She enrolled in the sommelier course at George Brown College, dreaming of establishing her wine empire in the Philippines. She was the only Asian in the program at the time. Her palate was different from her classmates. When they declared that the wine tasted citrusy, she thought of the sourness of kalamansi (Philippine citrus). When they said it had the aroma of pears, she thought of the Asian pear. She had not tasted non-tropical fruits before, so after class she went to nearby St. Lawrence Market to smell the fruits and taste them. But she never apologized for her Filipino palate. Her tasting notes were different from the others; the teachers didn’t take that against her. In fact, they thought she was the best because her palate was well-developed.
After George Brown, Arlene applied to study in Italy in the region that has the most number of grape varietals. She was certified by an international body after passing a series of exams, the first FIlipino (and a woman at that) to have the certification. She is now one of 30 certified Italian wine ambassadors. She represents Vin Italia and is one of the panelists of Collizioni, the annual festival of Italian wines. She has already received the invitation from Ian Di Agate, her mentor, to be part of the exclusive panel of more than 60 wine experts/wine tasters at Collezioni 2017 in Barolo this July.
In Canada, Arlene has been named Wine Ambassador of Prince Edward Island wineries. Today she is known as the first female Filipino certified sommelier. To say that the distinction is unique is not an exaggeration.
“Enjoying wine is not part of the Filipino culture. We have a palate that was not developed with wine, especially during the time when wine was matched with food. But now it is easier because one can drink wine alone, casually,” she notes.
Their investment in education, travel, time, certification and membership in associations has paid off too. “I do regular blind tasting. My husband prepares the blind tests for me at home. Good wines have good expressions. They can express themselves to you.”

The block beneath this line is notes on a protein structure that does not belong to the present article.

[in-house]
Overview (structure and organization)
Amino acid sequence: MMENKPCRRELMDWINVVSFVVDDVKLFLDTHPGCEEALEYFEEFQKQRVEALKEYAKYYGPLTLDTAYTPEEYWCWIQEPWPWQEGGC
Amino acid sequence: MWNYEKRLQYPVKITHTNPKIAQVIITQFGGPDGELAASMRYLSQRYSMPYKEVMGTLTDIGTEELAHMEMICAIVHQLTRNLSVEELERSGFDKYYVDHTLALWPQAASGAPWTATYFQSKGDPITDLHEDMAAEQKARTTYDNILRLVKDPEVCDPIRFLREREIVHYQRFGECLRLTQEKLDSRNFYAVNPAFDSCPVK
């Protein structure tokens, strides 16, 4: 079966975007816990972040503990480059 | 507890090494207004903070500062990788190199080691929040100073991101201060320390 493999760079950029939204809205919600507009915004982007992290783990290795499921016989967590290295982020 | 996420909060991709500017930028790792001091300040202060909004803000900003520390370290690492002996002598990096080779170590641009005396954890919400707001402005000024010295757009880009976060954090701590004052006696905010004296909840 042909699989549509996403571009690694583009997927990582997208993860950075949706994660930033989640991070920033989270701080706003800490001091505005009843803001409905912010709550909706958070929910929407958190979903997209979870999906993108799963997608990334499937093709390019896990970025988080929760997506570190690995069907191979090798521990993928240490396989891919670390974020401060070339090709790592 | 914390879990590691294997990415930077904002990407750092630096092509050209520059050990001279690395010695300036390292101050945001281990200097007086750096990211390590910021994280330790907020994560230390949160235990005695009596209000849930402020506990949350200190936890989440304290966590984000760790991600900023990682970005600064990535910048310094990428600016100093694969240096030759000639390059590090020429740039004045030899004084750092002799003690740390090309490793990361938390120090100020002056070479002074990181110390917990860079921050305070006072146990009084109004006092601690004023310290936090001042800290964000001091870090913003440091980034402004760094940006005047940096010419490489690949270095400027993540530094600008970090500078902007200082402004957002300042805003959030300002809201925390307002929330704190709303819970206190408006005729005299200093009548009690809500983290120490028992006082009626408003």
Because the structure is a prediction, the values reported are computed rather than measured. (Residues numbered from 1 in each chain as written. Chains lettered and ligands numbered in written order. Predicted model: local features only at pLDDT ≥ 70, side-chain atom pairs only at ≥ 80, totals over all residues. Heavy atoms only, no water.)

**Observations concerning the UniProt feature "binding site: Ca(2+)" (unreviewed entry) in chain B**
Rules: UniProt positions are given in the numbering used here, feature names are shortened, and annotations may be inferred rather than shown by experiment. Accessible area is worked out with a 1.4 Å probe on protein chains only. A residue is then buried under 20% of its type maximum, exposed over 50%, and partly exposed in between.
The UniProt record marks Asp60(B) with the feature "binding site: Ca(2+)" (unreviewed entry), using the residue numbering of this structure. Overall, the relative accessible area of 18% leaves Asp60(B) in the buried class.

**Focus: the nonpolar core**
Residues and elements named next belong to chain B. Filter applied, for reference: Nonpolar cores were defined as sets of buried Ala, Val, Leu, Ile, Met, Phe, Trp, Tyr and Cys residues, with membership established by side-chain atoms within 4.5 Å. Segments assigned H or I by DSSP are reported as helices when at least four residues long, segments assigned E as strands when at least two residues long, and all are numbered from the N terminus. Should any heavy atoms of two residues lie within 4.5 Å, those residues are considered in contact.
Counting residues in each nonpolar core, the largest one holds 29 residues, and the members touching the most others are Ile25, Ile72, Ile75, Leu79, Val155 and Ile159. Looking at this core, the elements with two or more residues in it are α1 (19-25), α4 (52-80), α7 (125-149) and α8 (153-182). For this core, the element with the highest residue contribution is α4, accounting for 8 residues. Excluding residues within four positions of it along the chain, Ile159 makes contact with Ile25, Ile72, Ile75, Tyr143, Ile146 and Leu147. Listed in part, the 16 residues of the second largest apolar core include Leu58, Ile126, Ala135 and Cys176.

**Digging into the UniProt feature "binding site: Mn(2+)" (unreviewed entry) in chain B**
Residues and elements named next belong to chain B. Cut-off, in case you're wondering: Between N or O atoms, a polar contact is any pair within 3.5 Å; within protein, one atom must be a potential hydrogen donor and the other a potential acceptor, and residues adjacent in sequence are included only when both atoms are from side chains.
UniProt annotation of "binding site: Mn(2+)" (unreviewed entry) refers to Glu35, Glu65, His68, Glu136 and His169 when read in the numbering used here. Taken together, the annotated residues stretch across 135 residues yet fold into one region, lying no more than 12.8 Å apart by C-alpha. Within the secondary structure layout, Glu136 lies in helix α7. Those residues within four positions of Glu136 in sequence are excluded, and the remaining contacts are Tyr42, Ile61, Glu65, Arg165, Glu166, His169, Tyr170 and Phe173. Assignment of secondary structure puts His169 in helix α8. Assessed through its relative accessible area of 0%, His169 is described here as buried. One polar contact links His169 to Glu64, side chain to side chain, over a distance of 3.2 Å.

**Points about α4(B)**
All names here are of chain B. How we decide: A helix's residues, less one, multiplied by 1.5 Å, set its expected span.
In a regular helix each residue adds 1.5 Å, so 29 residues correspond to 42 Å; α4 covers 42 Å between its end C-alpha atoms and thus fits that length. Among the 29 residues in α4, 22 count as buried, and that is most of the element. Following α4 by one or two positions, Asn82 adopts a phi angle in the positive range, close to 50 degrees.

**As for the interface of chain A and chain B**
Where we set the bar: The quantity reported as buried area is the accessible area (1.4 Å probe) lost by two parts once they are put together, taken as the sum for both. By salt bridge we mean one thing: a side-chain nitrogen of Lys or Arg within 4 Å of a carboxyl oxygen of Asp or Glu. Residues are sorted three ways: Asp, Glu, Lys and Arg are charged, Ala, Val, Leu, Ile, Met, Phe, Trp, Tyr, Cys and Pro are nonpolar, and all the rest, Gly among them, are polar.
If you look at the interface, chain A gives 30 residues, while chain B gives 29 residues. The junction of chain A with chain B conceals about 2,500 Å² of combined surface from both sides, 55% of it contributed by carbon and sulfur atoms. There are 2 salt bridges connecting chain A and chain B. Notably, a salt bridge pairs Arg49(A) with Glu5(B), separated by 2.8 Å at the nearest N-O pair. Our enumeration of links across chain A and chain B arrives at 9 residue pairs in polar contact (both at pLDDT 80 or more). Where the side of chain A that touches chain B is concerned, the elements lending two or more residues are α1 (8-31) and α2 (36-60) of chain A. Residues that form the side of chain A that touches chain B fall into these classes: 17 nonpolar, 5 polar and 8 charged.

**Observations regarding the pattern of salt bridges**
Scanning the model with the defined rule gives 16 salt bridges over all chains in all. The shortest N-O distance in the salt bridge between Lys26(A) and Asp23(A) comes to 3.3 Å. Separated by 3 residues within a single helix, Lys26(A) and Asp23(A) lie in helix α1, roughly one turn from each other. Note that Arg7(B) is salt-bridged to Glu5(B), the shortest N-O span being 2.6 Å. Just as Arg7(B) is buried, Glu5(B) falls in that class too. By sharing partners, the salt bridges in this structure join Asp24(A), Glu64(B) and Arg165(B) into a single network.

There are wines in the Philippines but they are made with other fruits like the bignay (bugnay). ‘Technically, it is not wine because it is not made from grapes, Arlene says. “But yes, we can grow grapes in a tropical country. There are thousands of grape varieties so there can be a variety for every microclimate.”
Arlene has mulled the potential for a big wine market in the Philippines. She has consulted people from different levels of government about regulations. “The market is very loose. There has to be a spark plug. I have had initial discussions with hotels, upscale restaurants and wine distributors about how to ready their clients for more serious wine service. This will involve investing in staff training,” she reports.
Apparently there are many stories of loyal caregivers being included in the wills of their employers. So, given Arlene’s non-traditional eventual career, her investment in education and travel, and her current lifestyle, did she inherit a fortune from her late employers?
Arlene attributes their successes to “chance meetings and good encounters,” but she is being humble.
“We didn’t inherit money but we were left with valuable contacts, business advice, experiences and a window to their world,” she replies.
How else could they have had the privilege of selling their health accessories at the Pan-Am Games, or of pouring wine for celebrities at the Toronto International Film Festival but through these helpful contacts and references?
One of her current challenges is marketing wine to millennials, who are apparently a difficult market to break into. “We can’t sell using the traditional format of food matching. It is no longer tied to food, meaning you can drink a glass of wine over conversation. So now we are trying the story approach, more focused on the story of the wine -- where the grapes were grown, what variety, the winemaker. Wine is romanticized and tied with travel and tourism. We encourage the young people to visit the wine regions, the wineries and attend wine tasting lessons. We also sell the experience, the sensory pleasures involved in drinking wine.”